Mortgage Forbearance Rate Ticks Downward: A Good Sign for the Economy?

by Maurie Backman | Updated July 19, 2021 - First published on Feb. 21, 2021

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Fewer homeowners have their loans paused, but what does that mean for the economy on a whole?

Many Americans have lost their jobs or seen their income suffer during the coronavirus pandemic. The good news is that there's relief available for homeowners in the form of mortgage forbearance.

With forbearance, you hit pause on your mortgage payment for a period of time. Right now, you're allowed up to 360 days without a payment if you can't swing one.

Normally, forbearance is something mortgage lenders can opt to deny, but right now, you're guaranteed to have that request approved if you ask for it on the basis of financial hardship. In fact, your lender isn't even allowed to ask you to supply proof of a hardship -- that's how flexible forbearance is these days.

Since the option to enter forbearance has been around since the CARES Act was signed into law in late March of 2020, millions of home loans have spent most of the past year in forbearance. But new data from the Mortgage Bankers Association shows that the U.S. forbearance rate is falling. Specifically, it fell three basis points to 5.35% last week. And while that's not a significant decline, it's meaningful nonetheless.

Homeowners whose loans were paused at the start of the pandemic haven't yet run down that 360-day clock. As such, if more loans are exiting forbearance now, it could be a sign that borrowers' financial situations are improving enough for them to start making payments again. And that could indicate that the U.S. economy is slowly but surely on its way to a broader recovery.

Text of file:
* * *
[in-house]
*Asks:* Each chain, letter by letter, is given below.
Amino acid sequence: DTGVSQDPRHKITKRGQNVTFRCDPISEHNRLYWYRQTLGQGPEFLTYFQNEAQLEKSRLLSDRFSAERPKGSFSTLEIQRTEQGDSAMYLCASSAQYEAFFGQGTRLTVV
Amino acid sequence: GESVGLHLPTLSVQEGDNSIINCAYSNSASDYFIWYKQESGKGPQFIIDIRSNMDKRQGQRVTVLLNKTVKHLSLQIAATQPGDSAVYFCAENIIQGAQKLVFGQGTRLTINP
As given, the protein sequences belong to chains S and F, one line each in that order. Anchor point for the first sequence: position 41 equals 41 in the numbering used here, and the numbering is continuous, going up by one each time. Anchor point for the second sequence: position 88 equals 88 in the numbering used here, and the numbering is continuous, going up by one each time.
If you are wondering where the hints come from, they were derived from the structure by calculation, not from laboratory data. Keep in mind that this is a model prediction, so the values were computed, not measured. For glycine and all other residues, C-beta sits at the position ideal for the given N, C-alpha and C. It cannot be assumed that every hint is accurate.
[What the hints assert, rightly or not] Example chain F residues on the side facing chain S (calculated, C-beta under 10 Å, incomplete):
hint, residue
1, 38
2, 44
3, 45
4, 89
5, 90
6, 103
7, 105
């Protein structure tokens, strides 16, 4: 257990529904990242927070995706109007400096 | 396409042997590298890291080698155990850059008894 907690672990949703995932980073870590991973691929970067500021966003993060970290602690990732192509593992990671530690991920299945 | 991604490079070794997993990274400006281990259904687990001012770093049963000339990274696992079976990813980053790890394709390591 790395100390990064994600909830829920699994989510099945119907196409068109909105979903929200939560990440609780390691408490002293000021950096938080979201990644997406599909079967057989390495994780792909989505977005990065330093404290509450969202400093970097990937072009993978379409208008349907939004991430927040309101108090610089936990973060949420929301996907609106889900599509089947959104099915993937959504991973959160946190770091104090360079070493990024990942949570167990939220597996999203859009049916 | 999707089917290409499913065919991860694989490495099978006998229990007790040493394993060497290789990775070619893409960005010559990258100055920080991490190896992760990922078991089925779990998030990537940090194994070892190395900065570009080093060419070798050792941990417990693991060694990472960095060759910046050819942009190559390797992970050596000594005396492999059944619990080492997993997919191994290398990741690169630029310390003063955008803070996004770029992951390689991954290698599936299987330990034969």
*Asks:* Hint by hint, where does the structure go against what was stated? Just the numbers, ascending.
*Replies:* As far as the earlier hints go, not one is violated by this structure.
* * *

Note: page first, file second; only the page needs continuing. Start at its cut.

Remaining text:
Forbearance exits to pick up soon

Right now, a lot of homeowners who are exiting forbearance may be doing so voluntarily -- and that's a good thing. But that could change in the near term. In fact, in March and April, the number of mortgages in forbearance could drop even further, but not because borrowers are doing better financially. Rather, for a lot of people, forbearance will come to an end because they've used up their 360 days.

In fact, some housing experts worry that we could soon see a wave of foreclosures if too many borrowers who exit forbearance still find themselves unable to pay. That said, there's already a foreclosure ban in place through March 31, and there's a good chance it will be extended beyond that point. As such, homeowners who wrap up forbearance but can't pay may not be totally out of luck.

Furthermore, there's a chance lenders will work with borrowers who can't pay their mortgages in full following forbearance. In these cases, loan modification may be an option as well as mortgage refinancing. Both options could result in lower, more affordable monthly payments.

Is there a reason to be optimistic?

Ultimately, we can't directly tie a decrease in forbearance rates -- especially a modest one -- to the beginnings of a widespread economic recovery, but what we can do is hope that's the case. There are other signs that the economy may soon be in for better days, too. For example, the U.S. unemployment rate fell to 6.3% in January as 49,000 new jobs were added. That's the lowest the jobless rate has been since April. Furthermore, as vaccine rollouts continue, things could improve on the pandemic front, and once that happens, businesses may be able to operate with fewer restrictions. That too could help the economy tremendously.

All told, there's reason to be hopeful that the U.S. economy may be on its way back up -- and a dropping forbearance rate certainly lends to that line of thinking.

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